Describe how workplace structure can disrupt family life, including women working night shifts. Explain issues that are especially difficult for foreign care workers. Describe ways mothers cope in both situations. What is the cost to the family and to the women?
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Workplace structure can have a significant effect on family life. Night shifts are not preferable to anybody, especially because they interfere with the body-clock (Circadian clock) and lead to health issues such as insomnia or excessive sleepiness. They also tend to make the worker more accident prone. Working graveyard shifts also means less time with one's family (causing marital strain and perhaps family dysfunction) and this is very disruptive, especially for women workers, since they are at a risk for problems related to fertility and pregnancy. Health care workers have to work long shifts and if it couples with night shifts, the effects are especially severe. A large portion of the US's care workers are foreign nationals (or have foreign origins). Working graveyard shifts in a foreign location (non-native location) may have more severe health issues as compared to those experienced by a native care giver, since physiological differences exist between nationals of different countries. Since women have, statistically, more domestic obligations than men, they end up paying a heavier price. Family suffers as well, as already mentioned.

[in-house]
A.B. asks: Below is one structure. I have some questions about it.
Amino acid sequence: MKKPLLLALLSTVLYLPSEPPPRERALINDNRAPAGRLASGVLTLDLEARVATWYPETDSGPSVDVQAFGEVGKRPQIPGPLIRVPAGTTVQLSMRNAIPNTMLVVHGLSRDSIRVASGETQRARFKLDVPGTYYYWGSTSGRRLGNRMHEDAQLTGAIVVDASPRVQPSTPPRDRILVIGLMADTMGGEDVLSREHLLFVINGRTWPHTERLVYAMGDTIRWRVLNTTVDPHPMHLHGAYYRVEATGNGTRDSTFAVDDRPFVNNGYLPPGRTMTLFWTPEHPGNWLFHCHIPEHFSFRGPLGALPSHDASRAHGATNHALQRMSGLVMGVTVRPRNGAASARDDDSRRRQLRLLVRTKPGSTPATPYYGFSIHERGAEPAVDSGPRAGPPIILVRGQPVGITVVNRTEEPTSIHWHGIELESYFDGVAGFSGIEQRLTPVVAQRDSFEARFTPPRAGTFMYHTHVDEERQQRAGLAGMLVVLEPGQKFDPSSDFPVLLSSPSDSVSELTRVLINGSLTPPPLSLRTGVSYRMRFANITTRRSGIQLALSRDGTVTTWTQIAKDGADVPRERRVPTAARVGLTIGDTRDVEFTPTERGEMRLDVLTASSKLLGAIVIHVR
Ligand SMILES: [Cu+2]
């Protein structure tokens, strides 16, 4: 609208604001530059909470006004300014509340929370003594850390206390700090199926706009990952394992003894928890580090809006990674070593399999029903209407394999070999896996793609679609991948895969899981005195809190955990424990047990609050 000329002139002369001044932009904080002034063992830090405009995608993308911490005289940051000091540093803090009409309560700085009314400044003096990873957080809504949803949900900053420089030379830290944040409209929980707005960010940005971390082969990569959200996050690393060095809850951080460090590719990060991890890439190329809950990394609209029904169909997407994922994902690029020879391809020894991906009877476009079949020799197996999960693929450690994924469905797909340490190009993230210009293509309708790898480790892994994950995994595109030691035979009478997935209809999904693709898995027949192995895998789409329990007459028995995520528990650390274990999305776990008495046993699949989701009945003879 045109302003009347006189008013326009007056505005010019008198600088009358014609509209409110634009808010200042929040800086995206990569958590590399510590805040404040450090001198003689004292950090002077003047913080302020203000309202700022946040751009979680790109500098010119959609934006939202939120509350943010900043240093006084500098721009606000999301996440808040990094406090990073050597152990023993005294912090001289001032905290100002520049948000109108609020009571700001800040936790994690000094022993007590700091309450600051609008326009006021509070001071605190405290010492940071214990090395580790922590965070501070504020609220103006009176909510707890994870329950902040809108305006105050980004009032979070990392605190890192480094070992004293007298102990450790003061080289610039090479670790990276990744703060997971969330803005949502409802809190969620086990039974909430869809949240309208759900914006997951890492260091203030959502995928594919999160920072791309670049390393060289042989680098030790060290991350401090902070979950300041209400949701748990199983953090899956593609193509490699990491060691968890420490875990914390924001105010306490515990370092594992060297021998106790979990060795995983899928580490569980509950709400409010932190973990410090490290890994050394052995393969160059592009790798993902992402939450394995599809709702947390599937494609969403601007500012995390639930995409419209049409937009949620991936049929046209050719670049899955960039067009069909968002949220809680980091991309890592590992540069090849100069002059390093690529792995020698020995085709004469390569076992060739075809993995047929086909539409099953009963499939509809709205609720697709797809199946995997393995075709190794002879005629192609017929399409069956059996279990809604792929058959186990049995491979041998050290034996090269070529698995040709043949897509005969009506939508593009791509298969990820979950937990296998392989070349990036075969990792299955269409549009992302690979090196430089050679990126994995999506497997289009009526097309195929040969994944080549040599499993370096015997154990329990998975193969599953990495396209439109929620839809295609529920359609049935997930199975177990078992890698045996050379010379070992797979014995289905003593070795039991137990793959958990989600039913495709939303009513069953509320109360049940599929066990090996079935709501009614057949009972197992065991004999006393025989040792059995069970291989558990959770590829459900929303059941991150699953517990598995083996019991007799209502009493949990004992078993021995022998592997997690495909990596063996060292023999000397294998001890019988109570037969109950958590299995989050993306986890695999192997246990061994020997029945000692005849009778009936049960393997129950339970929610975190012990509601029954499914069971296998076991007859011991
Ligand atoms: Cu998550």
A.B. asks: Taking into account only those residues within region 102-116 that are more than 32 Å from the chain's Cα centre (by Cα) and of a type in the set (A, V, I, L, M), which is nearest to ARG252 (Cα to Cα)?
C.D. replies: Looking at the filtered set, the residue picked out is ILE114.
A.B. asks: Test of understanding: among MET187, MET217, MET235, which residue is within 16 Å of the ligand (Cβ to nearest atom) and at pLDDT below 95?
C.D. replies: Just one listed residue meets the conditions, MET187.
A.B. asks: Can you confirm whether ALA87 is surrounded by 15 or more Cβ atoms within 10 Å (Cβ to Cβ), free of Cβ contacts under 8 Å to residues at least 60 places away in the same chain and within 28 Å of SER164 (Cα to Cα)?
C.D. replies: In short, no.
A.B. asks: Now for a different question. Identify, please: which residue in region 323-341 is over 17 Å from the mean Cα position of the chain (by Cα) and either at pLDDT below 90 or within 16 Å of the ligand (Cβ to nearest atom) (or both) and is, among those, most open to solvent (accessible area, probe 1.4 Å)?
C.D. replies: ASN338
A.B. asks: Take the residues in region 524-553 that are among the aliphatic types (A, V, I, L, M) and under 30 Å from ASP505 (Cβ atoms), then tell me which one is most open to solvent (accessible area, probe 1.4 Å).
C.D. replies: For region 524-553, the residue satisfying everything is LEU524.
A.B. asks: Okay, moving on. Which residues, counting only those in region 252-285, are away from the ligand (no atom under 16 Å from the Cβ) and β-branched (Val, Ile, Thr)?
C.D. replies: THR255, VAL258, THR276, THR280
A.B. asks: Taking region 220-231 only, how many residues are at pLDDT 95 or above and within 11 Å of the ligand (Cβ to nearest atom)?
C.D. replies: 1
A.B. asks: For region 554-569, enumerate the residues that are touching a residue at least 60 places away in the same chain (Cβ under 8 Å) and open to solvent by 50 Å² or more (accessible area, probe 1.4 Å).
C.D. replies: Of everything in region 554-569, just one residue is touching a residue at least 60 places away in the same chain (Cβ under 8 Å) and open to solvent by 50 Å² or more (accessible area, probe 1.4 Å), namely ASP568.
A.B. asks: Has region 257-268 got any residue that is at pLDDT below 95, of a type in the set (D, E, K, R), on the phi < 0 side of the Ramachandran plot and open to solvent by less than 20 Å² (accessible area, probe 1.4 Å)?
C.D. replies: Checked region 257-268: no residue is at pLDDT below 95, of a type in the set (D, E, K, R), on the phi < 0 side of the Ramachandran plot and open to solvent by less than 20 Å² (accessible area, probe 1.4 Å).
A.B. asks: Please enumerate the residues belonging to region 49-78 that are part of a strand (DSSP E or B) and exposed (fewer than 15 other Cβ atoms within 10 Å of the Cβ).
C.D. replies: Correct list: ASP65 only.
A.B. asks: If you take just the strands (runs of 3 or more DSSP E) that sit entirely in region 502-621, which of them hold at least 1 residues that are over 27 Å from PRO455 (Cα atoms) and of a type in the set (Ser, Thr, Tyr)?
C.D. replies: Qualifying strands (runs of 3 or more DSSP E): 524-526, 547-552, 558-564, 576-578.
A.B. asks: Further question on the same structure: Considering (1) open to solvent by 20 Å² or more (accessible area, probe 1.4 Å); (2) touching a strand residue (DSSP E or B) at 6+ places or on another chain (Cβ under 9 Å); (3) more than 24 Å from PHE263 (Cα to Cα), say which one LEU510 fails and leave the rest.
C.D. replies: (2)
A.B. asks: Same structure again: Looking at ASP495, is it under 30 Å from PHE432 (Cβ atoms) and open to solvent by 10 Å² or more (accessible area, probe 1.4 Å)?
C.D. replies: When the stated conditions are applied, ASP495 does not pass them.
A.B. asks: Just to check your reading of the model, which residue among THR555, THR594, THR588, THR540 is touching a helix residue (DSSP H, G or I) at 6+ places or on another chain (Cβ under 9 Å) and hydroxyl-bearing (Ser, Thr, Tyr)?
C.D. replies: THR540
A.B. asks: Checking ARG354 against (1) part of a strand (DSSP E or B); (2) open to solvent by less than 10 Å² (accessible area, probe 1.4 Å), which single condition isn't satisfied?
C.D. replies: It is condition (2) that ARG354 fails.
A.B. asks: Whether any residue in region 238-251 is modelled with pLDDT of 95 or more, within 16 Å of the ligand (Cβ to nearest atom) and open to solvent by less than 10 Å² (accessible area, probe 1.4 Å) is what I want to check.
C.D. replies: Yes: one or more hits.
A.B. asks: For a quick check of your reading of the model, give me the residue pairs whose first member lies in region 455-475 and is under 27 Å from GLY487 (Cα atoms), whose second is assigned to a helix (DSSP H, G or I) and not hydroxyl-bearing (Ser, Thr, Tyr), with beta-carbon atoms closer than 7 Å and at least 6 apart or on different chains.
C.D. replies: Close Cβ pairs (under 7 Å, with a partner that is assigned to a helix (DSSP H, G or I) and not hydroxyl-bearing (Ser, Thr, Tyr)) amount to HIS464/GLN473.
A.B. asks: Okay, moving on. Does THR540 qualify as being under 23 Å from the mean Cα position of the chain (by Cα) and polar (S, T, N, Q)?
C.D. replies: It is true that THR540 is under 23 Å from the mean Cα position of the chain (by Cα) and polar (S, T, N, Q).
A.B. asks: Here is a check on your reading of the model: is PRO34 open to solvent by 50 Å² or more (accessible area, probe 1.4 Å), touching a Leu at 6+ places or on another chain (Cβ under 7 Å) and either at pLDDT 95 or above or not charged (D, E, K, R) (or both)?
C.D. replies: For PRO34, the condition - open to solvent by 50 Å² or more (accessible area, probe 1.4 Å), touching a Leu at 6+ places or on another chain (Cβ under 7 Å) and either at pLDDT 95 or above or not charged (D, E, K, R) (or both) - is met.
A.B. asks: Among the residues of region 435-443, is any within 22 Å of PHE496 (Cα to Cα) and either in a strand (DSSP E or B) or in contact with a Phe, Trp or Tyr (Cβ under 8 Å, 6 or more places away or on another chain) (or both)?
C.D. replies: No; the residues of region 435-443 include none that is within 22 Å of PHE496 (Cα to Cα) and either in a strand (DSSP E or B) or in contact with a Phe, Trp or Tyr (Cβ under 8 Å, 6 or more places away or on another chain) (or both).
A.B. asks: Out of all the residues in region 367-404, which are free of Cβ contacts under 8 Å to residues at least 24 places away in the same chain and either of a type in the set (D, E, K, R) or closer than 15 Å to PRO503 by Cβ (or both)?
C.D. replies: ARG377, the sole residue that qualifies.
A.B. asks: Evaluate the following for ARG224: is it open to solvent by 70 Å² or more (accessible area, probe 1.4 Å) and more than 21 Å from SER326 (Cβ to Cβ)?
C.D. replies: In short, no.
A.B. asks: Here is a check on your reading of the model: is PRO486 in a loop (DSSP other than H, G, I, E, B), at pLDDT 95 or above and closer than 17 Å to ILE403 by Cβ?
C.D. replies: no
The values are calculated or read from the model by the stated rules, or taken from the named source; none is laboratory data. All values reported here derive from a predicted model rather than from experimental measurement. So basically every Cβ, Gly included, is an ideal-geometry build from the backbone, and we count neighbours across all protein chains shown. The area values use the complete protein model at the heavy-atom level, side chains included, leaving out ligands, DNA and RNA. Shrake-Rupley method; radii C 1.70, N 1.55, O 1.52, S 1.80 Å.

Some steps can be taken to minimize the damage to a mother's health and family. These include shift rotation, shifts of shorter duration, proper health care (eating healthy), regular exercise, and obtaining proper amounts of sleep. A foreign-care female worker would do well to utilize shift rotation and shorter shifts (a greater number of shorter shifts) to minimize the damaging effects of working graveyard shifts.
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